Login/Join

All posts

"Joseph and Maurice," a short story, a fable by Whitney Krupp

Discussion by: California Writ... on Fri, 2011-10-07 22:34 with 0 comments

Whitney Krupp, student at Terra Linda High School, submitted this short story to the California Writing Awards, which is sponsored by the California Writing Project. Three to four judges read every submission, and every judge who read Whitney’s piece could not stop talking about the significance of what she has to say through her story. For "Joseph and Maurice," Whitney was awarded a Gold Key Award and an American Voices nomination to the national Scholastic Writing Awards, the two highest honors for California students at the state level.

Download PDF above.

What Can Students Do? Participate in Ally Week, October 21-25

Discussion by: California Writ... on Fri, 2011-10-07 22:32 with 0 comments

How can gay and straight students work together to address intolerances against LGBT students and educate their peers? Link here for more information and resources—http://www.allyweek.org

Download the Educators Guide to Ally Week: http://www.allyweek.org/studentseducators

Write up your plan, collect stories, take pictures, create a new discussion here on the I Write the Future Forum!

What Can Students Do? ThinkB4YouSpeak! Don’t Say “That’s So Gay.”

Discussion by: California Writ... on Fri, 2011-10-07 22:30 with 0 comments

Link here for more information and resources—
http://www.thinkb4youspeak.com/ForEducators/?state=&type=antibullying

Write up your plan, collect stories, take pictures, create a new discussion here on the I Write the Future Forum!

Words Have No Borders: Student Voices on Immigration, Language, and Culture

Discussion by: California Writ... on Fri, 2011-10-07 22:29 with 0 comments

Read these reflections and letters written by students about their language learning and immigrant experiences. Be sure to read the introduction, written by author, Edwidge Danticat, who shares, “Words have no borders. Every experience deserves a hearing. Everyone has a story to tell and we are all better for the telling.”

Download PDF above.

What can teachers, students, parents, and community members do? Participate in the African American Read-in during February!

Discussion by: California Writ... on Fri, 2011-10-07 22:26 with 0 comments

You can all help make literacy a significant part of Black History Month by hosting and coordinating Read-Ins at your school or in your community. “Hosting a Read-In can be as simple as bringing together friends to share a book, or as elaborate as arranging public readings and media presentations that feature professional African American writers.”

Link here for lists of books to read and information for organizing a read-in. Why not make it a write-in, too?
http://www.ncte.org/action/aari/packetinfo

Great Web-sources and Resources

Discussion by: California Writ... on Fri, 2011-10-07 22:25 with 0 comments

National Council of La Raza—Policy news and resources, immigration news and advocacy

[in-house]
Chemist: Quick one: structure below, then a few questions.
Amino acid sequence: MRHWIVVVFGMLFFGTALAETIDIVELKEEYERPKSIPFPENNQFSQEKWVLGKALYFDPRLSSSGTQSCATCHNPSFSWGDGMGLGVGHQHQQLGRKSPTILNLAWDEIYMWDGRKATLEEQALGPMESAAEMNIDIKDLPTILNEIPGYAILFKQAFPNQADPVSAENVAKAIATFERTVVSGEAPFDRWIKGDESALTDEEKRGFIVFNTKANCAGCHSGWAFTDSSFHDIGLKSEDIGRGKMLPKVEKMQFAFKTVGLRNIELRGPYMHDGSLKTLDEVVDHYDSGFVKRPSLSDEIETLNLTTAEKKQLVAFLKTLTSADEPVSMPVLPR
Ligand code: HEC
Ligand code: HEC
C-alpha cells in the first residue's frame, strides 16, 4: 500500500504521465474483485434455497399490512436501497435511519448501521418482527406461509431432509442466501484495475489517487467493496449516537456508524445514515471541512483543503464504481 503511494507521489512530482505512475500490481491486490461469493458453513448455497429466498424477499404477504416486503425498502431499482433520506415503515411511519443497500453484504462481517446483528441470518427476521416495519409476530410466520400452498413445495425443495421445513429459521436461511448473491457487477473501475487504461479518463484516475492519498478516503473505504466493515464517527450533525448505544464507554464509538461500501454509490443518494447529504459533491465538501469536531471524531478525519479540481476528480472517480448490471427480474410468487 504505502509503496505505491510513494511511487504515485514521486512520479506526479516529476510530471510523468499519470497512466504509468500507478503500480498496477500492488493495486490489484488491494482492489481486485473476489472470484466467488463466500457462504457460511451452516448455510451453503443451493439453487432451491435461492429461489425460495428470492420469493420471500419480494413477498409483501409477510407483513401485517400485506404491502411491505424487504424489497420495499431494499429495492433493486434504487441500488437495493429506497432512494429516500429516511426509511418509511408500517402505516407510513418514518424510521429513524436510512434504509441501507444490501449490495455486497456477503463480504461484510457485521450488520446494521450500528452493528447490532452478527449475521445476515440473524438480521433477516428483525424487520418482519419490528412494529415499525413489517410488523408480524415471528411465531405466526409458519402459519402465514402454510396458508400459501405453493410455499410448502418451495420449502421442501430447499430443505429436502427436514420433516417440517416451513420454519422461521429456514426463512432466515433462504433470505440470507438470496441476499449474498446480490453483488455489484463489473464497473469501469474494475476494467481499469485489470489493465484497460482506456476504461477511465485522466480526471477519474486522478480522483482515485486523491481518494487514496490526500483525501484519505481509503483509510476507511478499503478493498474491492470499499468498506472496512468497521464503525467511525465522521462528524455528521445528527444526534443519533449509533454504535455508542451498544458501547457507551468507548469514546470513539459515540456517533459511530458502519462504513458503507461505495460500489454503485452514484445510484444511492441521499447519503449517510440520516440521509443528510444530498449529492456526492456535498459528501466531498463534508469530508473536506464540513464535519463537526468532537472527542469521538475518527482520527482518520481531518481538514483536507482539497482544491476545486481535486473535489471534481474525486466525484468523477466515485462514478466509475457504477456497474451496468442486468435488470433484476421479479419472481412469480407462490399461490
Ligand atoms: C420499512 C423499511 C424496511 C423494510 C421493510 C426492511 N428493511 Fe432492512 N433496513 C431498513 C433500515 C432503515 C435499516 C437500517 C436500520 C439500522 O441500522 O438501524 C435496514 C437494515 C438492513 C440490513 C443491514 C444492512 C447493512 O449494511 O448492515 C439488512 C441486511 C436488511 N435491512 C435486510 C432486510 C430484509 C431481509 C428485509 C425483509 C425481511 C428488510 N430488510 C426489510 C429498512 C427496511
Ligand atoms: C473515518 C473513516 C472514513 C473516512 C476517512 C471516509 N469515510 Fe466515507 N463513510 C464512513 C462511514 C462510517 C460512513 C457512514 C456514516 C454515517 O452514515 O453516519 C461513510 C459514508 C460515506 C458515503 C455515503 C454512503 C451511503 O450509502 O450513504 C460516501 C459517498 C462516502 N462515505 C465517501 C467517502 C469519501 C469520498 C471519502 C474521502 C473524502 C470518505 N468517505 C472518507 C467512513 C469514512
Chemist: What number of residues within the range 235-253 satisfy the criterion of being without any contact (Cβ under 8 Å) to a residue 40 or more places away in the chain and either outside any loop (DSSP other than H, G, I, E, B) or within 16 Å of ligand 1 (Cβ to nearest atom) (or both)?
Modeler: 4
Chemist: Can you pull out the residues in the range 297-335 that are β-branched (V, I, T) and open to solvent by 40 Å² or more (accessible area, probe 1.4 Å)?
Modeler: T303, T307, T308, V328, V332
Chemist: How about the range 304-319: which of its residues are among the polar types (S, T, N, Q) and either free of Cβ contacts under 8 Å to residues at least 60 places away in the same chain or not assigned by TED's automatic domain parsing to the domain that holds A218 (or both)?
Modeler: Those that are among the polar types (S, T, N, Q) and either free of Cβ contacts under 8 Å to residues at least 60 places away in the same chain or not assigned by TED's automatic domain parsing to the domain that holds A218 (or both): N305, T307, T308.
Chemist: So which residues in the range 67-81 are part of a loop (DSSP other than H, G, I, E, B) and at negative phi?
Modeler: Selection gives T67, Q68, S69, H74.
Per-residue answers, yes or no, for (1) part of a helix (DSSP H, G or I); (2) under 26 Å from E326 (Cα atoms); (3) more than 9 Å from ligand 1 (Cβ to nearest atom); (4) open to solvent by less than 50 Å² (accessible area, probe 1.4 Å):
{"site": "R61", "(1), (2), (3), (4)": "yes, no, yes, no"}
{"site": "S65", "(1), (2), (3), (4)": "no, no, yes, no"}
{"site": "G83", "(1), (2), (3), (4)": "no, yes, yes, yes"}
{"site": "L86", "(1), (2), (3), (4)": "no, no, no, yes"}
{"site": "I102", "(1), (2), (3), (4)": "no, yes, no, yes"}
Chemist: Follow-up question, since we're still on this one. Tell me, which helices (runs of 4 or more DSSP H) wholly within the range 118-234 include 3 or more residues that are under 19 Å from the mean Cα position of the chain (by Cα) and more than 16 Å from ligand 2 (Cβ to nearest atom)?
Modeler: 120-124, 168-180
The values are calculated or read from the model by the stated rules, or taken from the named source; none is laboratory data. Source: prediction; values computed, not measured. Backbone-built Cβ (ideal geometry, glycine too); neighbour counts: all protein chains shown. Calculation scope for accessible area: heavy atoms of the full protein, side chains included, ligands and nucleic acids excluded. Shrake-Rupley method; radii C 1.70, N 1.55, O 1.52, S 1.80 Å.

http://www.nclr.org/

Japanese American Citizens League (JACL)—Curriculum and teaching resources about civil rights and Japanese-American internment
http://www.jacl.org/

JACL Anti-HateProgram
http://www.jacl.org/public_policy/antihatehome.htm

NAACP—Policy news, spoken word campaign, historical resources re civil rights
http://www.naacp.org/content/main/

Special Olympics—Curriculum resources, policy, news, and connections
http://www.specialolympics.org/

Call to Write— Keeley Kaukimoce from Beat Freaks

Discussion by: California Writ... on Fri, 2011-10-07 22:24 with 0 comments

(download PDF above)
One of the freedoms that Americans cherish is freedom of religion. How can we live our religion and faith in ways that are loving and tolerant of those who do not share our religious beliefs? Download the PDF above to read what hip hop dancer, Kelley Kaukimoce, a practicing Christian, has to say. What do you think?

Will you ever write about these issues in college?

Discussion by: California Writ... on Fri, 2011-10-07 22:23 with 0 comments

The following essays were written by college students at UC Davis and published in Prized Writing:

“The ‘Happy Days’ Syndrome,” Khang Nguyen (coming to terms with own culture)
http://prizedwriting.ucdavis.edu/past/1994-1995/the-201chappy-days201d-s...

“The Negotiation of Political Identities: Being Queer and an Asian Pacific Islander,” Mingzhao Xu
http://prizedwriting.ucdavis.edu/past/2003-2004/the-negotiation-of-polit...

“Another Way: When I Chose to be Queer,” Mo Torres

History in the Making—Election Blogfest, Laury Fischer

Discussion by: California Writ... on Fri, 2011-10-07 22:17 with 0 comments

We live in a time when the news—history in the making—is available to us 24 hours a day, and it's available in print, online, on TV, and over satellite radio. In addition, more and more people are writing about the news, especially on blogs. Download this writing and research opportunity, developed by Laury Fischer, an amazing community college writing teacher, to put your analytical skills to work in sorting out political news and the ways writing, language, arguments, and images are used to influence people.

Download Word document above.

“Rude Democracy in America: Can We Overcome It?" Susan Herbst

Discussion by: California Writ... on Fri, 2011-10-07 22:15 with 0 comments

Herbst asserts that democracy “is impossible without the bravery it takes to express opinions and to do so civilly. The abilities to argue, to listen and create the nation together, are both foundational and non-negotiable.” What do you think of this opinion and the other views she expresses in her commentary?

Syndicate content